Monday, April 16, 2007

So should Swiss Toni, aka Des Browne resign?

My view is yes, and here is why.

There are three separate areas of failure.

The first is the capture of the service personnel in the first place. As I have commented before, during the first gulf war our forces did not stray into this area and the Foreign and Commonwealth office had a desk to monitor positions of inbound shipping and say which ones could and could not be intercepted, based on position. This procedure seems not to have been followed, and Des Browne and others have failed here.

Also worthy of note is that the helicopter providing air cover had to return to the HMS Cornwall because it was running out of fuel. Clearly it is daft to have forces exposed in or near disputed waters, near a country that has form for taking our Marines hostage, without adequate protection.

There will be an inquiry into this, but ultimately Des Browne has not secured enough funding to carry out the task at hand. Had he done so then there would have been more hardware in the areas.

The second area of failing is the nature of the training for the personnel involved. They were clearly in a front line role, with the risk of capture, without the necessary training to survive it. This is doubly concerning in the Royal Marines involved as they definitely should have been so trained.

Lastly there is the fiasco surrounding the sale of the stories. Des Browne appears not to have known or inquired what the rules were on the sales of stories. Had he done so he would have none that the circumstances must be exceptional, and He was the only person who could have approved them.

Now it is true these circumstances were exceptional. They were so because as far as I can remember never has a member of Her Majesty's forces nipped on telly so fast to apologies quite so fast. The rest of the circumstances are not exceptional.

Newspapers regularly wave cash under peoples noses for stories, it has happened before in MOD cases and will happen again. The stock reply in the past has been no. What for example happened to our captured marines who were held for 3 days? Did they get such permission.

We have had soldiers captured before and released before. Nothing exceptional there.

In fact the only thing that is exceptional is how easy it was for the Iranians to get the captives cooperation. It has been said by many commentators that they had a hard time. Compared to what? A walk in the park? Well yes a much harder time than that. Compared to Flight Lieutenant John Nichol who was shot down over Iraq in the first Gulf war and physically tortured over months? I don't think so. Indeed the Iranians have there own just released captive who claims to have been tortured over months. So the reality is that for the line of work, they did not have that hard a time.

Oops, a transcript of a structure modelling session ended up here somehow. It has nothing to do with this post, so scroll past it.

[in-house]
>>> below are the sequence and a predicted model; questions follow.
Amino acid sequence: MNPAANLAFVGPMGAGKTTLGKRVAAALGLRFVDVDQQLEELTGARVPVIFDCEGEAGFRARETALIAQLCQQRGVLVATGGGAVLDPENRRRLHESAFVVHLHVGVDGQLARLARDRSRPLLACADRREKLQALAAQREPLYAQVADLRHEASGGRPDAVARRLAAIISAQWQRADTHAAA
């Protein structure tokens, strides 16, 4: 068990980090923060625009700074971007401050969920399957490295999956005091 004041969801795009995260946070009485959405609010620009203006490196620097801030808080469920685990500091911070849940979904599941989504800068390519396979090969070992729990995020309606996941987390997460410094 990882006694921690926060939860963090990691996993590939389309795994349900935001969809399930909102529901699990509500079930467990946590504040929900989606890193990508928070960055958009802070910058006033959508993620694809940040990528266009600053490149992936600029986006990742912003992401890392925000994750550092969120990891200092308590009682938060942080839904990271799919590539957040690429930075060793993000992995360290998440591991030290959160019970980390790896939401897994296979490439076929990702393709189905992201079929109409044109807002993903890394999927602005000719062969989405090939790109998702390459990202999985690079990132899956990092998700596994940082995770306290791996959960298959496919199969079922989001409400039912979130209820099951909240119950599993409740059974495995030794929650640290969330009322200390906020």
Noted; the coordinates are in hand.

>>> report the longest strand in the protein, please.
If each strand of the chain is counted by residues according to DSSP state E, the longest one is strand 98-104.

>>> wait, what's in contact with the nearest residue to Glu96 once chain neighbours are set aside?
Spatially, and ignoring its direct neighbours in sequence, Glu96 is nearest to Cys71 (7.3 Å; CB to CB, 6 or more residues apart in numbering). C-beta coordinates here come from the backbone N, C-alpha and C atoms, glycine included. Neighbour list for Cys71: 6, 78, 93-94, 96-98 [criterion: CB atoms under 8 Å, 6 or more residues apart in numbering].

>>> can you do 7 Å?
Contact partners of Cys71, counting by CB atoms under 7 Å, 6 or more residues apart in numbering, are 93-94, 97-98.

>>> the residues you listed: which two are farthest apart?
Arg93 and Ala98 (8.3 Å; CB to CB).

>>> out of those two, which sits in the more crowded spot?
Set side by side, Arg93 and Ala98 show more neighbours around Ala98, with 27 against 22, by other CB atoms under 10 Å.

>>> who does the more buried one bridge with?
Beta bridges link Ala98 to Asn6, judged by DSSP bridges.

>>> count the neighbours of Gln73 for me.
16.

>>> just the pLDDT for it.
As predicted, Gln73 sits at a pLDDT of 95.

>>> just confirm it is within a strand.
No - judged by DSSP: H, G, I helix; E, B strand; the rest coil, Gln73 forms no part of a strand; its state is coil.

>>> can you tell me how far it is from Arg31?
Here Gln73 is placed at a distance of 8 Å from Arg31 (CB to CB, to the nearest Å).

So what were the Admirals who hatched this propaganda plan thinking? They allowed the stories to be sold and according to some reports encouraged it, to counter Iranian propaganda, by showing that the sailors and marines only broke after appalling treatment. Clearly they did not debrief either Faye Turney or Athur Batchelor properly, because had they done so, and realised what they were going to say to the press they would have denied permission.

Now not only is there the embarrassment that some of our service personnel are so ill disciplined that they carry iPods, and think it noteworthy that they are taken when captured there is the rather obvious effect on the morale of all our other service personnel who bear their situation with much more fortitude. No one seems to have asked how they would feel upon hearing that people were being paid for being captured, and crying like a baby? I can tell you that they are more than a tad upset!

There may be inquiries, but as Liam Fox, Conservative Shadow Defence minister said in today's House of Commons debate, Des "Swiss Toni" has shown a lack of political judgement.

Tony Blair doesn't want a with hunt. Well that is just tough. I want heads to roll, both in the Admiralty and the MOD, including Des Browne. I can't agree with Iain Dale who thinks that he survives for now. he should have gone already.

For more on the hostage crisis see here.

2 comments:

Steven Whaley said...

I don't think there's either the possibility of, or any point to, a Des Browne resignation - though in normal circumstances I'd agree that that's what ought to happen.

It's not as though Tony Blair any longer has the authority (in reality) to make cabinet appointments so he wouldn't really be able to replace him. Who'd want to be Defence Secretary for just 2 months anyhow?

Browne might as well stay until Blair goes and then it's up to the next Prime Minister to decide whether or not he's worth keeping on.

Benedict White said...

Steven I do think and said at the outset of the crisis that Tony Blair does not have the authority to dismiss him. However I do think he should go.